# 6.9 Hess's Law

#hess'slaw

#statefunctions

written by

anika p

dalia savy

dylan black

(editor)

August 29, 2020

## State Functions and Pathway Dependency

### What is "Pathway Dependency"?

A pathway is the route that a process takes. Typically, pathway dependency/independency is applied to functions. Essentially, if the result of something depends on the order in which you did it, it is pathway dependent and if it is not, it is pathway independent.

For example, the change in elevation of a mountain climber is pathway independent🧗. You could walk in a straight line or a zig-zagged line up the mountain but regardless, you both end up at the top of the mountain⛰️.

### State Functions and Pathway Independency

A state function is a property whose value does not depend on the path taken to reach that specific value. In basic terms, state functions are pathway independent, just like our elevation example.

A pathway dependent function is called a path function, though we'll only be dealing with state functions.

## Hess's Law

Hess's Law is stated as simply: enthalpy is a state function. No matter what way you go from reactants to products, you will end up with the same enthalpy of reaction for the reaction. This means that if we know the enthalpy of formation for different reactions and you can manipulate them to get a single reaction, and you can find the enthalpy of reaction of that single reaction. It's like magic✨, and it's kinda fun!

### Rules of Hess's Law

1. When a reaction is reversed, the enthalpy change stays constant in magnitude but becomes reversed in mathematical sign (Flipping the reaction flips the sign on ΔH🔁).

2. If an equation is multiplied by n, ΔH has to also be multiplied✖️ by n.

3. When two (or more) reactions are added to obtain an overall reaction➕, the individual enthalpy changes of each reaction are added to obtain the net enthalpy of the overall reaction ΔH).

### Hess's Law Example Problem

Our general strategy is going to be manipulating these three reactions and then adding them together to form the overall reaction. This is using Hess's Law to find the enthalpy.

Thought Process

When I approach a Hess's Law question, I always find the reactants and products in the given thermochemical equations. This is what I would note🤔:

• C(s) is on the reactants side like it is supposed to be, but there should be 2 atoms of carbon so we have to manipulate the second equation.❌

• H2 is on the reactants side like it is supposed to be, so we shouldn't manipulate the third equation.✔️

• C2H2 is on the reactants side when it should be on the products side, so we have to manipulate the first equation.❌

Steps to Take

Step 1: Flip reaction 1 to get H2O on the other side. If we flip the reaction, we also have to flip the sign on the enthalpy🔁.

Step 2: Multiply reaction 2 to get 2 C. If we multiply the reaction, we have to multiply the enthalpy by 2 too✖️.

Whatever you do to the equation, you have to do the same to the enthalpy.

Results of Steps

After doing these things, we are left with:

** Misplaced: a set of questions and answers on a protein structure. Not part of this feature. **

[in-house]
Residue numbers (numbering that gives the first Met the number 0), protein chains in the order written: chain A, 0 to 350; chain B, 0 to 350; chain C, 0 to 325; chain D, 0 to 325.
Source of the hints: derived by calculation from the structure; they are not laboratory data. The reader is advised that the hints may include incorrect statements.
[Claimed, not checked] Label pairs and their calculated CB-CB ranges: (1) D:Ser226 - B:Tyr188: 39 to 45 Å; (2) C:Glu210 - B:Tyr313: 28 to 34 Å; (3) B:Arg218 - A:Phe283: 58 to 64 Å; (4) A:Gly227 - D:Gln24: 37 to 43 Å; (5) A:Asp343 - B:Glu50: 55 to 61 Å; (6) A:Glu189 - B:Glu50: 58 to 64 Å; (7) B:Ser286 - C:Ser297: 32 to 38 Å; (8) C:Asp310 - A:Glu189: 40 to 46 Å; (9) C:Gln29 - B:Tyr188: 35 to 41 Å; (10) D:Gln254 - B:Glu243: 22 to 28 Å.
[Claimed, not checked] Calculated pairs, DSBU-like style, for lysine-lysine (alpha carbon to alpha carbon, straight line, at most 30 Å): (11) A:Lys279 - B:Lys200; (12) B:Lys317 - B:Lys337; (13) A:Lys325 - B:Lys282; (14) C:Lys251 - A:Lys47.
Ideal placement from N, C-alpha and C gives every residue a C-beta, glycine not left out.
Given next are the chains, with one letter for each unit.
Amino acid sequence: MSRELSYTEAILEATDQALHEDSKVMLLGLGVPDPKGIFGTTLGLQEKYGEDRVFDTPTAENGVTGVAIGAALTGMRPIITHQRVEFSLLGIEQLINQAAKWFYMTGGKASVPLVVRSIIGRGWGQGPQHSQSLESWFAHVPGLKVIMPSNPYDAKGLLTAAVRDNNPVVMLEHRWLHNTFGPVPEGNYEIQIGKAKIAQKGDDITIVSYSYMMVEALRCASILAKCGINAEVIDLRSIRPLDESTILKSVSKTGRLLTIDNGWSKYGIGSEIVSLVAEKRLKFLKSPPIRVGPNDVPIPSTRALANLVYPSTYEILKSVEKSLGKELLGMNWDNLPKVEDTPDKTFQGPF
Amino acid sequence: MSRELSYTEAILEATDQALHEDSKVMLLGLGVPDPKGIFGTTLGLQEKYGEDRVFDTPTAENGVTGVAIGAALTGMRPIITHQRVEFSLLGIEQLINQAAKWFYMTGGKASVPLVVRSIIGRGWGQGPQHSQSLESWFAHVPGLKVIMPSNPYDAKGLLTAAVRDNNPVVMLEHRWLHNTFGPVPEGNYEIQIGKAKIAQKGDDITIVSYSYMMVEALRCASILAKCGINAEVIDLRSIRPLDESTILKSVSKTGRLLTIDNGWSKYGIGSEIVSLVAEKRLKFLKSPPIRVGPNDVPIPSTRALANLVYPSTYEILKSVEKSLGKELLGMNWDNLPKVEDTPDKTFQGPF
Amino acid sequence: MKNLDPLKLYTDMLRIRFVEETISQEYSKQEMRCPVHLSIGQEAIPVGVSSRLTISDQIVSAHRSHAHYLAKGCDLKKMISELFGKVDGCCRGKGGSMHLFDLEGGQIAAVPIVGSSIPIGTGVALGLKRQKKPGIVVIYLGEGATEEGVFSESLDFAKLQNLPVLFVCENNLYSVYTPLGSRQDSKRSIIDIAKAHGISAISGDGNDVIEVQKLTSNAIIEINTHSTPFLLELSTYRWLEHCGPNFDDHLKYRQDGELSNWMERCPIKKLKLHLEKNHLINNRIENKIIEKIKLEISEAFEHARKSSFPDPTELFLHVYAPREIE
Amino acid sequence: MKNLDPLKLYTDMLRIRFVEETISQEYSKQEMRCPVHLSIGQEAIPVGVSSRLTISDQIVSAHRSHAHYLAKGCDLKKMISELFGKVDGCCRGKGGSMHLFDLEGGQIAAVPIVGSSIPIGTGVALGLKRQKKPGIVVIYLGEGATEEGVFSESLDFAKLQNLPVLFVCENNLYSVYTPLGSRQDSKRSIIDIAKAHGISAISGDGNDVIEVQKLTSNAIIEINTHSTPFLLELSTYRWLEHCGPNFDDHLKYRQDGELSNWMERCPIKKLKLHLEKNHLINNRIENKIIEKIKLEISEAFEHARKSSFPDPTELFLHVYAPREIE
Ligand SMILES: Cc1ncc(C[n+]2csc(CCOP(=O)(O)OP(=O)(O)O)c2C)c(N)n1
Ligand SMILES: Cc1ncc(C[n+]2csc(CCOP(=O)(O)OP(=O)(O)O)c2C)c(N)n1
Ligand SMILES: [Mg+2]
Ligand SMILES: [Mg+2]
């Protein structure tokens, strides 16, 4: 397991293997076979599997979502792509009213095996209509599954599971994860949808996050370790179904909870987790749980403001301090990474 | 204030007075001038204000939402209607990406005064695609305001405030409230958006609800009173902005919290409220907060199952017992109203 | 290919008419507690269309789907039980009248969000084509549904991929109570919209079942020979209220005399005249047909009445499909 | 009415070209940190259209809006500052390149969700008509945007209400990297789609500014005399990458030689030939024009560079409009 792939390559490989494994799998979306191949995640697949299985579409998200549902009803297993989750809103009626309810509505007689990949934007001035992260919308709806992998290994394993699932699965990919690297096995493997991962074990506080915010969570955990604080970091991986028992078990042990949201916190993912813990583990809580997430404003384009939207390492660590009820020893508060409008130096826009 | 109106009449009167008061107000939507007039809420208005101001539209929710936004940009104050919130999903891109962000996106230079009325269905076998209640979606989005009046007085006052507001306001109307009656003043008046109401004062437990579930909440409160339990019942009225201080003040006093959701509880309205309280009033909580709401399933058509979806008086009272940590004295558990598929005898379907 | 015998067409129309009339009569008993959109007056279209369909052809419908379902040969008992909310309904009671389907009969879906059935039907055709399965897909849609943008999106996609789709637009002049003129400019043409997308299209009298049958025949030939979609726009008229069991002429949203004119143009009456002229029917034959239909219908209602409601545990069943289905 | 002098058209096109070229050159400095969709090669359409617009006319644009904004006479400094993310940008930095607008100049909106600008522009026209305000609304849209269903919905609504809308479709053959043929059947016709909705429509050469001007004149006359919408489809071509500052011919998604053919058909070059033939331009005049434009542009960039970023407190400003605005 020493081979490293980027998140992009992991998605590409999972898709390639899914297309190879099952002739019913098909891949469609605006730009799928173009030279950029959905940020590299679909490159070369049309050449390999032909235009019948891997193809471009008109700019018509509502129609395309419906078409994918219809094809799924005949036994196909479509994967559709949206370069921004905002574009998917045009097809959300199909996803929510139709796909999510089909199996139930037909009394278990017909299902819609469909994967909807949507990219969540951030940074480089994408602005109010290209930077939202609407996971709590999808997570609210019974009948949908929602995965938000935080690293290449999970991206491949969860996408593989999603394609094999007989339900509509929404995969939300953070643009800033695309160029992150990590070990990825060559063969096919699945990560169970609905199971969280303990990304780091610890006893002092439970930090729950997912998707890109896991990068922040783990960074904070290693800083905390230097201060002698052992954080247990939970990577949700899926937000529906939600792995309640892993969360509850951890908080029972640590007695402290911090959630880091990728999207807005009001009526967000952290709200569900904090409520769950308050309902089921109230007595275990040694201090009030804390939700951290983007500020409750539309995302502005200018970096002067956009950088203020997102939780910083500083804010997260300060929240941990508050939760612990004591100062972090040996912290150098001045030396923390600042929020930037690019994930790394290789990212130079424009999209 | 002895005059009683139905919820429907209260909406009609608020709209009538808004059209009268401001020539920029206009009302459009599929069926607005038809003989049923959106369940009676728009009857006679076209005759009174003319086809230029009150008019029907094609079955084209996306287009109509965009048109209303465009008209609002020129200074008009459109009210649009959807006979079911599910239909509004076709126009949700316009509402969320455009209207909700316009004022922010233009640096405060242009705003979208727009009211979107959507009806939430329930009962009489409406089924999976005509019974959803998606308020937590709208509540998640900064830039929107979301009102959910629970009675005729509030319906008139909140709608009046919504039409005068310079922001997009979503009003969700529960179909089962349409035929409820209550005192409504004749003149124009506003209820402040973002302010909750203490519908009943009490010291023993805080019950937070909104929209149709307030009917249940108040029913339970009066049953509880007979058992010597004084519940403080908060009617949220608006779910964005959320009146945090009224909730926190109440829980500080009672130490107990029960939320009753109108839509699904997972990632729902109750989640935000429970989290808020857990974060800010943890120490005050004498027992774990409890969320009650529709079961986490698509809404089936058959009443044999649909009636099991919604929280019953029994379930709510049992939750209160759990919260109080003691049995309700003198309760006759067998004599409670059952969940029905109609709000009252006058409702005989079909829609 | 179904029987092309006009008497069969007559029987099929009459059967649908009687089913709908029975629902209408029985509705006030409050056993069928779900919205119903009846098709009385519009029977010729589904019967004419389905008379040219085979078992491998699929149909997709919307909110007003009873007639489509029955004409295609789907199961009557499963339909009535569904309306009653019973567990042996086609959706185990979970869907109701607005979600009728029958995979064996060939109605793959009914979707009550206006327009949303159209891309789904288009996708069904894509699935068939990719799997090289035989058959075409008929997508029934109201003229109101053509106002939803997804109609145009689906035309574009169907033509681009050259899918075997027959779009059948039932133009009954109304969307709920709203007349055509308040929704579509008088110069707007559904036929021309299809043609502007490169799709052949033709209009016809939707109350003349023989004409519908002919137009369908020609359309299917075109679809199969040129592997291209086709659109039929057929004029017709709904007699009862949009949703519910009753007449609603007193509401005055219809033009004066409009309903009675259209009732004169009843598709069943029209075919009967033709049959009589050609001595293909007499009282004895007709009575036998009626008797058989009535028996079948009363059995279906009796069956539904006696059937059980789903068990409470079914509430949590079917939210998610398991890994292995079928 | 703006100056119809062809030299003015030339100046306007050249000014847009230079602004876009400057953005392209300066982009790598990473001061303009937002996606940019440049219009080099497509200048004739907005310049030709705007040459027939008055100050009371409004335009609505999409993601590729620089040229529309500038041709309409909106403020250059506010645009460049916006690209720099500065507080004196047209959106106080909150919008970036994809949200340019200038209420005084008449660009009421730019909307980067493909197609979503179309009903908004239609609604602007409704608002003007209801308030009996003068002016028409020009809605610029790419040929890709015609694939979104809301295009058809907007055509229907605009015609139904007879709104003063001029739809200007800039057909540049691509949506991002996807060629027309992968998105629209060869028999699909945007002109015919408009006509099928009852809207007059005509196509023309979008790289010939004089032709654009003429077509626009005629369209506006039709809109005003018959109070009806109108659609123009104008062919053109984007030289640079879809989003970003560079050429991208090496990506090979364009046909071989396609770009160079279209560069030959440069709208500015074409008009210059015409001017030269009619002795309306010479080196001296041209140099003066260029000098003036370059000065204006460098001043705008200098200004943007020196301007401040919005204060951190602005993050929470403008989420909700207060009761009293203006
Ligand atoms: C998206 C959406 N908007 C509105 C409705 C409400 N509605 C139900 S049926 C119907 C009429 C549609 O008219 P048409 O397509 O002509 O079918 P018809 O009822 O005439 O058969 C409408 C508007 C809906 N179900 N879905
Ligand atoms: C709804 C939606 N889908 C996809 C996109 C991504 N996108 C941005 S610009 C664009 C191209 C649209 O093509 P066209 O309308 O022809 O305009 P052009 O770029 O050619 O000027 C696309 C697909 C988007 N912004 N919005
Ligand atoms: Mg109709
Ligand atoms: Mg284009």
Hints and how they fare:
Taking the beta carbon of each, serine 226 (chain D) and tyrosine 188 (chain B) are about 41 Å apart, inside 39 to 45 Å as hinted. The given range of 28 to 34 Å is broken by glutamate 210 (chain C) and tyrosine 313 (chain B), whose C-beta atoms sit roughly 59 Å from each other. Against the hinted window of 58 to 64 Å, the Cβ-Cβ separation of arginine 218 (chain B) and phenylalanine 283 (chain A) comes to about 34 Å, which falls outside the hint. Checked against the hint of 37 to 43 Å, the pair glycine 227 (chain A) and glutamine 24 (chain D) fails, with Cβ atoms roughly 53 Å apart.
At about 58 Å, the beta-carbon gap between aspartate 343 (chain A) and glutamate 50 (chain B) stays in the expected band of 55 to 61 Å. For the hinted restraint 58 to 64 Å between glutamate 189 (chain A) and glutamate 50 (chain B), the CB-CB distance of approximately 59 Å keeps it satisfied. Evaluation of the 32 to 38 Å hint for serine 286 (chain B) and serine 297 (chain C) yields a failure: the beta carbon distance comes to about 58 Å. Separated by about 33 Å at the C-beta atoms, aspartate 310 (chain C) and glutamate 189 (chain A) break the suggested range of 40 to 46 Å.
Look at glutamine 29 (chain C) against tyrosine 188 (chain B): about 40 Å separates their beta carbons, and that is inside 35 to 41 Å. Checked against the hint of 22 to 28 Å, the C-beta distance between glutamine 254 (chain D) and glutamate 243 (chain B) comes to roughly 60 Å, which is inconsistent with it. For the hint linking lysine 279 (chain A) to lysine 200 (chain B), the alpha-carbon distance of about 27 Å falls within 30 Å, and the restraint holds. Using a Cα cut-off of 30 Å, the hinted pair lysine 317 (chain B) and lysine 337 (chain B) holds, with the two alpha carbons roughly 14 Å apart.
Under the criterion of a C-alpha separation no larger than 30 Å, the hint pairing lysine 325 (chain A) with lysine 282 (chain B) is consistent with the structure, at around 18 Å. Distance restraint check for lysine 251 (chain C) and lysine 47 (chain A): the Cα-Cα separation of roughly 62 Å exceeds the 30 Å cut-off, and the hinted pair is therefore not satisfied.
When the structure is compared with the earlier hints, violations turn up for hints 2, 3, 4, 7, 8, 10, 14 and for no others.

Now the equations are set up properly to create the overall equation, but what happens with the extra compounds?

You could think of these as spectator compounds; they cancel out since they are present on both sides of the equation when all 3 equations are added together.

With this being said, the O2s cancel out, H2O cancels out, and the CO2s cancel out.

👉We then add the reactions together to find the original reaction and that ΔH = +1299.5 kJ + (−787 kJ) + (−285.8 kJ) = +226.7 kJ.

### Example Problem #2

Calculate the value of ΔHreaction for the following reaction using the listed thermochemical equations.

Thought Process

Let's note a few things🤔:

• P4O10 is on the wrong side of the equation, so we have to manipulate equation 2❌.

• PCl5 is also on the wrong side of the equation and it doesn't have a coefficient of 6, so we have to manipulate equation 3❌.

• Cl3PO is on the right side of the equation, but it doesn't have a coefficient of 10 so we have to manipulate equation 4❌.

Steps to Take

This problem has a lot more steps! Let's go through the manipulations we have to make:

Step 1: Flip equation 2 to get P4O10 on the other side. If we flip the equation, we also have to flip the sign on the enthalpy🔁.

Step 2: Flip equation 3 to get PCl5 on the other side and multiply equation 3 by 6 so PCl5 has a coefficient of 6. Doing this, we have to multiply the enthalpy by 6 and negate it (two steps in one!)✖️🔁.

Step 3: Multiply equation 4 by 10 so that Cl3PO has a coefficient of 10. Doing this, we also have to multiply the enthalpy by 10✖️.

Results of Steps

After doing these things, we are left with:

Now we have everything on the right side of the equation and they all have the proper coefficients. Our last step is to check if all the spectators cancel out, so let's count them up!

 Compound Reactant Side Product Side Manipulation Necessary? P4 1/4 1 ✔️ Cl2 3/2 6 ✔️ PCl3 10 7 ✔️ O2 5 5 ❌

Luckily, all 3 compounds that we have to balance are in equation 1, meaning we now have to manipulate it in order for the equations to add up to the overall equation.

🤔What should be multiply equation 1 by? In order to get the same amount of each compound, we have to multiply equation 1 by 4 and its enthalpy by 4!

Now everything cancels out and we are left with the overall equation🥳! Last step is to add up all the enthalpies.

👉ΔH = -1225.6 kJ + 2967.3 kJ + 505.2 kJ + (−2857 kJ) = -610.1 kJ.